Sunday, March 20, 2011

1997: The MAI Treaty

Fortunately, the odious MAI treaty never came to pass: our friends the French evidently decided it was a bridge too far and blocked consensus in the OECD. But the whole "free trade" agenda continues unabated, right up to this week in Brazil. Recalibrating a "new deal on trade" is something candidate Obama once promised, and while the jury is still out, it's not looking good. Any kind of labor agreement with the bloodstained government of Columbia, in particular, is a cruel joke. It was popular outrage that helped kill MAI and Fast Track and Bush's dream of a hemispheric agreement. Concerted pressure needs to continue, though there are an awful lot of things to be outraged about these days.....

If you liked GATT and NAFTA, you're going to love the MAI. What's that? You haven't heard of the MAI? Well, to put it in a nutshell, MAI is a power grab so blatant that it makes GATTFTA look like a worker's cooperative in the Spanish Republic. And to paraphrase Tom Tomorrow, isn't it a shame you have to find out about it from a cartoon newspaper?

The Multinationals Asskissing Initiative, er, sorry, the Multilateral Agreement on Investments, is currently being negotiated under the kind of secrecy usually reserved for nuclear disarmament talks. Of course, it helps that the mainstream media won't even mention MAI until it's too late to do anything about it. Apparently we ordinary citizens raised too much of a fuss over GATT and NAFTA. Gets in the way.

The MAI is, as one of its framers so cheerfully puts it, "the constitution for a single global economy." Or more accurately, it's a Bill of Rights for global corporations. The MAI is designed to remove all barriers to the free flow of capital – or production facilities – across international borders. It will completely cripple the rights of local, state and national governments to regulate multinational corporations. Most charmingly, it allows such corporations to sue any government over what it considers an "unreasonable regulation." There is no appeals process, and – surprise! – no reciprocal right on the part of governments to sue corporations.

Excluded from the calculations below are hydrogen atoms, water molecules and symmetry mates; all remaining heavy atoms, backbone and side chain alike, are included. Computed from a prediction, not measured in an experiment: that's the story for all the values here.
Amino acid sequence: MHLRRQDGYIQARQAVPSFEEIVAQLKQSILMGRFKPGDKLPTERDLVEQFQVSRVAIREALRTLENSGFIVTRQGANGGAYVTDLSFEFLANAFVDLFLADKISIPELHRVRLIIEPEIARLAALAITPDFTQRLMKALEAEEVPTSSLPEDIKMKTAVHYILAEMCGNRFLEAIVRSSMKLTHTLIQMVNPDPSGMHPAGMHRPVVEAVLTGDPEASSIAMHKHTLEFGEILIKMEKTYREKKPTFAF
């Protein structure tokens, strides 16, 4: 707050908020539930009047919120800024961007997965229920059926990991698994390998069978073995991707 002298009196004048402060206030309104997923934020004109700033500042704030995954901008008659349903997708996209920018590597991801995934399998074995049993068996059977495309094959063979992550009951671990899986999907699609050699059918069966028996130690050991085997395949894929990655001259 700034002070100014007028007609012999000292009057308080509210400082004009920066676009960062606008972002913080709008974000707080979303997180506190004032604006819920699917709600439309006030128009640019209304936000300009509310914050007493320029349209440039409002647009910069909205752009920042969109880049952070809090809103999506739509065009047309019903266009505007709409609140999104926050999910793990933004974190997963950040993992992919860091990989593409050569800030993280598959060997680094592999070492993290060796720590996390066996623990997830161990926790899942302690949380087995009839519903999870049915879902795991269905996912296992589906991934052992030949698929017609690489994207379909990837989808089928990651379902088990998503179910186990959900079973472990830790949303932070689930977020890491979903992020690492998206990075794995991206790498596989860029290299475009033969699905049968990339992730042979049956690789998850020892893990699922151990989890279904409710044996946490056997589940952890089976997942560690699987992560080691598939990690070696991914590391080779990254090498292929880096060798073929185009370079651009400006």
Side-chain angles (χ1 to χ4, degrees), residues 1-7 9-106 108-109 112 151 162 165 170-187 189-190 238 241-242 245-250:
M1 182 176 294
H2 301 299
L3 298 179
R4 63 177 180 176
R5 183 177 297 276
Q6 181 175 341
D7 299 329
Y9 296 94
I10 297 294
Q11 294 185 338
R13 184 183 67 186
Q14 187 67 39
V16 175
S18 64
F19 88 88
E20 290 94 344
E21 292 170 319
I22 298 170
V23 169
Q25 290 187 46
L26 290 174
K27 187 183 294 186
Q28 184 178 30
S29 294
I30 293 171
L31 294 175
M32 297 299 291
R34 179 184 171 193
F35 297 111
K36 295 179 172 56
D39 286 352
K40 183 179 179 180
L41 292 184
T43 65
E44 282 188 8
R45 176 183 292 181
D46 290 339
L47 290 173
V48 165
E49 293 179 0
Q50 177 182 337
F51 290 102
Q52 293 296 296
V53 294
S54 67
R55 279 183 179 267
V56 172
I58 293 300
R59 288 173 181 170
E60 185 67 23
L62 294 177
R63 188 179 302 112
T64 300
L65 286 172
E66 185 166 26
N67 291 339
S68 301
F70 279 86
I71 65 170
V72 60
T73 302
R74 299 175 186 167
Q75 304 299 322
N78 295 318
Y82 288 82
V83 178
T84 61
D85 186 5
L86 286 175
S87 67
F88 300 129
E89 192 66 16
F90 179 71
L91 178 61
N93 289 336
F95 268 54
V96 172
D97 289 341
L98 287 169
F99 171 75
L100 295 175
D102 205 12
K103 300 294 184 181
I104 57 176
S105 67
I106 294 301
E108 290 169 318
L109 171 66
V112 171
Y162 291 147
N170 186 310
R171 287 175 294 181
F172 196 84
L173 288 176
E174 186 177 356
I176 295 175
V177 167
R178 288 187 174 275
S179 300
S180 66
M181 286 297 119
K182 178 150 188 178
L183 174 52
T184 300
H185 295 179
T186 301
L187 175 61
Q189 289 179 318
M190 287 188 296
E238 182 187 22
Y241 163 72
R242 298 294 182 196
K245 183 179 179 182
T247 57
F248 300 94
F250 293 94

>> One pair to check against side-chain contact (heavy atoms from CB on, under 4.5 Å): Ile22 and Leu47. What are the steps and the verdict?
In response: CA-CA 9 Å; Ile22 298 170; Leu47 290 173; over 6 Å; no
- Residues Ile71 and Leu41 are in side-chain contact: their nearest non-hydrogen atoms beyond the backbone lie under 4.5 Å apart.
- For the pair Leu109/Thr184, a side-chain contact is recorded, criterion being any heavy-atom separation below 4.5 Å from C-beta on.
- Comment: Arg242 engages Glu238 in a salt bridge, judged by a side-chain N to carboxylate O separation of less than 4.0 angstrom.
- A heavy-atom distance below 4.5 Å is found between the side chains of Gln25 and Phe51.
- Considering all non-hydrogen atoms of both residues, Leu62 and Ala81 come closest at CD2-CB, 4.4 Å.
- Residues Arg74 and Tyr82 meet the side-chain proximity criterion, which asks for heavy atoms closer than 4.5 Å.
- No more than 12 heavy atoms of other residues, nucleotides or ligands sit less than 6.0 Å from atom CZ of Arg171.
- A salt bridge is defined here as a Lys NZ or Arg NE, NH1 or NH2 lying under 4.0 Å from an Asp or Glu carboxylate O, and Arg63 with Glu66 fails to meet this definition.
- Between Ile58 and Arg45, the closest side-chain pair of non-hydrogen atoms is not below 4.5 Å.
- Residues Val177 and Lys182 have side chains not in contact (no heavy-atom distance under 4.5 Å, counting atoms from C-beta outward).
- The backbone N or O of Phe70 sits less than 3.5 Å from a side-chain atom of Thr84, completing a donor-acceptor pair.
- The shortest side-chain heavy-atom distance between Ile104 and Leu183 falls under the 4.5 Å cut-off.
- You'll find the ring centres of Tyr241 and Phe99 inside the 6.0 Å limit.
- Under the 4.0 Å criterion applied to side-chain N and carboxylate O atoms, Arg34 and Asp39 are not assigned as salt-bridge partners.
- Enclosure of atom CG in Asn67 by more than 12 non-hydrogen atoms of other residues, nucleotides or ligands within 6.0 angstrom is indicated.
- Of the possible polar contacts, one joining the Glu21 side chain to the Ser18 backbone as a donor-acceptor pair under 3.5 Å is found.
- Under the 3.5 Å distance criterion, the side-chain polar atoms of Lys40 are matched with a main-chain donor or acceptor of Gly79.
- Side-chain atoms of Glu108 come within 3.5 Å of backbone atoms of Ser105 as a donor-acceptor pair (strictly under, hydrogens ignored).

This agreement would eliminate all restrictions on foreign ownership and investment in any signatory nation. It would dissolve all limits on capital flight and job flight. It would prevent nations from attaching any minimum requirements whatsoever on companies receiving public subsidies It would prevent any limitations on foreign ownership, whether of vital natural resources or strategic industries.

Under the MAI, multinationals could challenge any number of laws placing restrictions on their behavior, from living wage initiatives, to environmental regulations, to marketing restrictions on dangerous products like cigarettes or pesticides. Unlike GATT and NAFTA, the enforcement mechanisms will have real teeth in them, and remember, there are no appeals.

If you'd like to find out more about the MAI, you probably won't be able to depend on the corporate media to inform you. I'll post more information about it on my website, along with links to other pages that examine this outrageous hijacking of democracy. You might want to write to your favorite media outlets and ask why they haven't seen fit to inform you about the MAI, and be sure and alert your legislators to your opposition early and often.

The MAI is being negotiated by the US and the European Community, who will try to leverage it onto the developing world once they've fast-tracked and lame-ducked it through the US Congress. If the past is any guide, they'd rather you just ignored the whole thing.

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